Comet ISON Passes Through Virgo

Date: 8 Nov 2013 – Comet ISON shines in this five-minute exposure taken at NASA’s Marshall Space Flight Center on Nov. 8, 2013.. The image was captured using a color CCD camera attached to a 14" telescope located at Marshall. At the time of this picture, comet ISON was 97 million miles from Earth, moving ever closer toward the sun. Credit: NASA/MSFC/Aaron Kingery ——– More details on Comet ISON: Comet ISON began its trip from the Oort cloud region of our solar system and is now travelling toward the sun. The comet will reach its closest approach to the sun on Thanksgiving Day — 28 Nov 2013 — skimming just 730,000 miles above the sun’s surface. If it comes around the sun without breaking up, the comet will be visible in the Northern Hemisphere with the naked eye, and from what we see now, ISON is predicted to be a particularly bright and beautiful comet. Catalogued as C/2012 S1, Comet ISON was first spotted 585 million miles away in September 2012. This is ISON’s very first trip around the sun, which means it is still made of pristine matter from the earliest days of the solar system’s formation, its top layers never having been lost by a trip near the sun. Comet ISON is, like all comets, a dirty snowball made up of dust and frozen gases like water, ammonia, methane and carbon dioxide — some of the fundamental building blocks that scientists believe led to the formation of the planets 4.5 billion years ago. NASA has been using a vast fleet of spacecraft, instruments, and space- and Earth-based telescope, in order to learn more about this time capsule from when the solar system first formed. The journey along the way for such a sun-grazing comet can be dangerous. A giant ejection of solar material from the sun could rip its tail off. Before it reaches Mars — at some 230 million miles away from the sun — the radiation of the sun begins to boil its water, the first step toward breaking apart. And, if it survives all this, the intense radiation and pressure as it flies near the surface of the sun could destroy it altogether. This collection of images show ISON throughout that journey, as scientists watched to see whether the comet would break up or remain intact. The comet reaches its closest approach to the sun on Thanksgiving Day — Nov. 28, 2013 — skimming just 730,000 miles above the sun’s surface. If it comes around the sun without breaking up, the comet will be visible in the Northern Hemisphere with the naked eye, and from what we see now, ISON is predicted to be a particularly bright and beautiful comet. ISON stands for International Scientific Optical Network, a group of observatories in ten countries who have organized to detect, monitor, and track objects in space. ISON is managed by the Keldysh Institute of Applied Mathematics, part of the Russian Academy of Sciences. NASA image use policy. NASA Goddard Space Flight Center enables NASA’s mission through four scientific endeavors: Earth Science, Heliophysics, Solar System Exploration, and Astrophysics. Goddard plays a leading role in NASA’s accomplishments by contributing compelling scientific knowledge to advance the Agency’s mission. Follow us on Twitter Like us on Facebook Find us on Instagram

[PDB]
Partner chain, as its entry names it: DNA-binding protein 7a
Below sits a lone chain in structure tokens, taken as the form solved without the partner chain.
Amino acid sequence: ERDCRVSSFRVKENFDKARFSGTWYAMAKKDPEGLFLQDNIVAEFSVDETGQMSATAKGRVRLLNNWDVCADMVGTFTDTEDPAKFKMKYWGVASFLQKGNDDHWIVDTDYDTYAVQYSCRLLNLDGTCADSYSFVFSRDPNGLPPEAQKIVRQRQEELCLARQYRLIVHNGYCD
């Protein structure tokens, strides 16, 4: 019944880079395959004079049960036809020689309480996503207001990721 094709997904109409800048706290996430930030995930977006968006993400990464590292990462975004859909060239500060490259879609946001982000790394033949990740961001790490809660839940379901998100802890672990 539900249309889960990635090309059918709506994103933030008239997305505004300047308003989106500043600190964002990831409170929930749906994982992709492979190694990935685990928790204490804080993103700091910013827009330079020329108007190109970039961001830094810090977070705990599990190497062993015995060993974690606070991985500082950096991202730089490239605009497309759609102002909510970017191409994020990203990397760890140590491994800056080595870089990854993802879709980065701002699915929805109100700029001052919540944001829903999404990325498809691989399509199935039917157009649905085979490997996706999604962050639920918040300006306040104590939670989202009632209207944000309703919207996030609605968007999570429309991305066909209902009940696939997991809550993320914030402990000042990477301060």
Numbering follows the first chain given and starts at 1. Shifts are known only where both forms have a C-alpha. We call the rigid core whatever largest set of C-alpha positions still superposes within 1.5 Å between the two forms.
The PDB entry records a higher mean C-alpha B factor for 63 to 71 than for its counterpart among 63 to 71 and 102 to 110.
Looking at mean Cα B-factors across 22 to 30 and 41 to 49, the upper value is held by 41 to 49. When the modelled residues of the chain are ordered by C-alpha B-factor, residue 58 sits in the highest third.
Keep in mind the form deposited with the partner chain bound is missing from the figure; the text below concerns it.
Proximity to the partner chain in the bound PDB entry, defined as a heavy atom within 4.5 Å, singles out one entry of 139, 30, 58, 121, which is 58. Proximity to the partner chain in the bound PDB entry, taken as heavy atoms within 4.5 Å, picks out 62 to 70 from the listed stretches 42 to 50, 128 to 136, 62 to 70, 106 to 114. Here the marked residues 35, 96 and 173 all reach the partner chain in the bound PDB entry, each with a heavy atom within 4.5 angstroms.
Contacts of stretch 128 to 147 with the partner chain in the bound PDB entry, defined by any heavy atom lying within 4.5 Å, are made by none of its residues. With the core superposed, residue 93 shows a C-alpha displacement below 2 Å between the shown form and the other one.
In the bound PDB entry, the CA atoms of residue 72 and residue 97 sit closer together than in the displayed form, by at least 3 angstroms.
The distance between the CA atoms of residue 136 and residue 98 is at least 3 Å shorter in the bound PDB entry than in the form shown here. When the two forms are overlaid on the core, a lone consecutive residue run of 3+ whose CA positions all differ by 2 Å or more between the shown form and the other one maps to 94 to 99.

Cliff Collapses on Rosetta Comet

Several sites of cliff collapse on comet 67P/Churyumov-Gerasimenko were identified during Rosetta’s mission. The yellow arrows mark the fractures where the detachment occurred. The collapsed sections are about 50 feet (15 meters) long for the left-hand section, and 30 feet (9 meters) for the right-hand section. Additional images taken from greater distances suggest the collapse occurred between May and December 2015. The images were taken by Rosetta’s OSIRIS camera on Dec. 2, 2014 (left), and March 12, 2016 (right), with resolutions of 1.6 feet (0.5 meters) per pixel and 1 foot (0.3 meters) per pixel, respectively. http://photojournal.jpl.nasa.gov/catalog/PIA21564

Observing Comet Siding Spring at Mars

On October 19, Comet Siding Spring will pass within 88,000 miles of Mars – just one third of the distance from the Earth to the Moon! Traveling at 33 miles per second and weighing as much as a small mountain, the comet hails from the outer fringes of our solar system, originating in a region of icy debris known as the Oort cloud. Comets from the Oort cloud are both ancient and rare. Since this is Comet Siding Spring’s first trip through the inner solar system, scientists are excited to learn more about its composition and the effects of its gas and dust on the Mars upper atmosphere. NASA will be watching closely before, during, and after the flyby with its entire fleet of Mars orbiters and rovers, along with the Hubble Space Telescope and dozens of instruments on Earth. The encounter is certain to teach us more about Oort cloud comets, the Martian atmosphere, and the solar system’s earliest ingredients.

Comet Wild 2 Up Close and Personal

On January 2, 2004 NASA’s Stardust spacecraft made a close flyby of comet Wild 2 (pronounced “Vilt-2”). Among the equipment the spacecraft carried on board was a navigation camera. This is the 34th of the 72 images taken by Stardust’s navigation camera during close encounter. The exposure time was 10 milliseconds. The two frames are actually of 1 single exposure. The frame on the left depicts the comet as the human eye would see it. The frame on the right depicts the same image but “stretched” so that the faint jets emanating from Wild 2 can be plainly seen. Comet Wild 2 is about five kilometers (3.1 miles) in diameter. http://photojournal.jpl.nasa.gov/catalog/PIA05571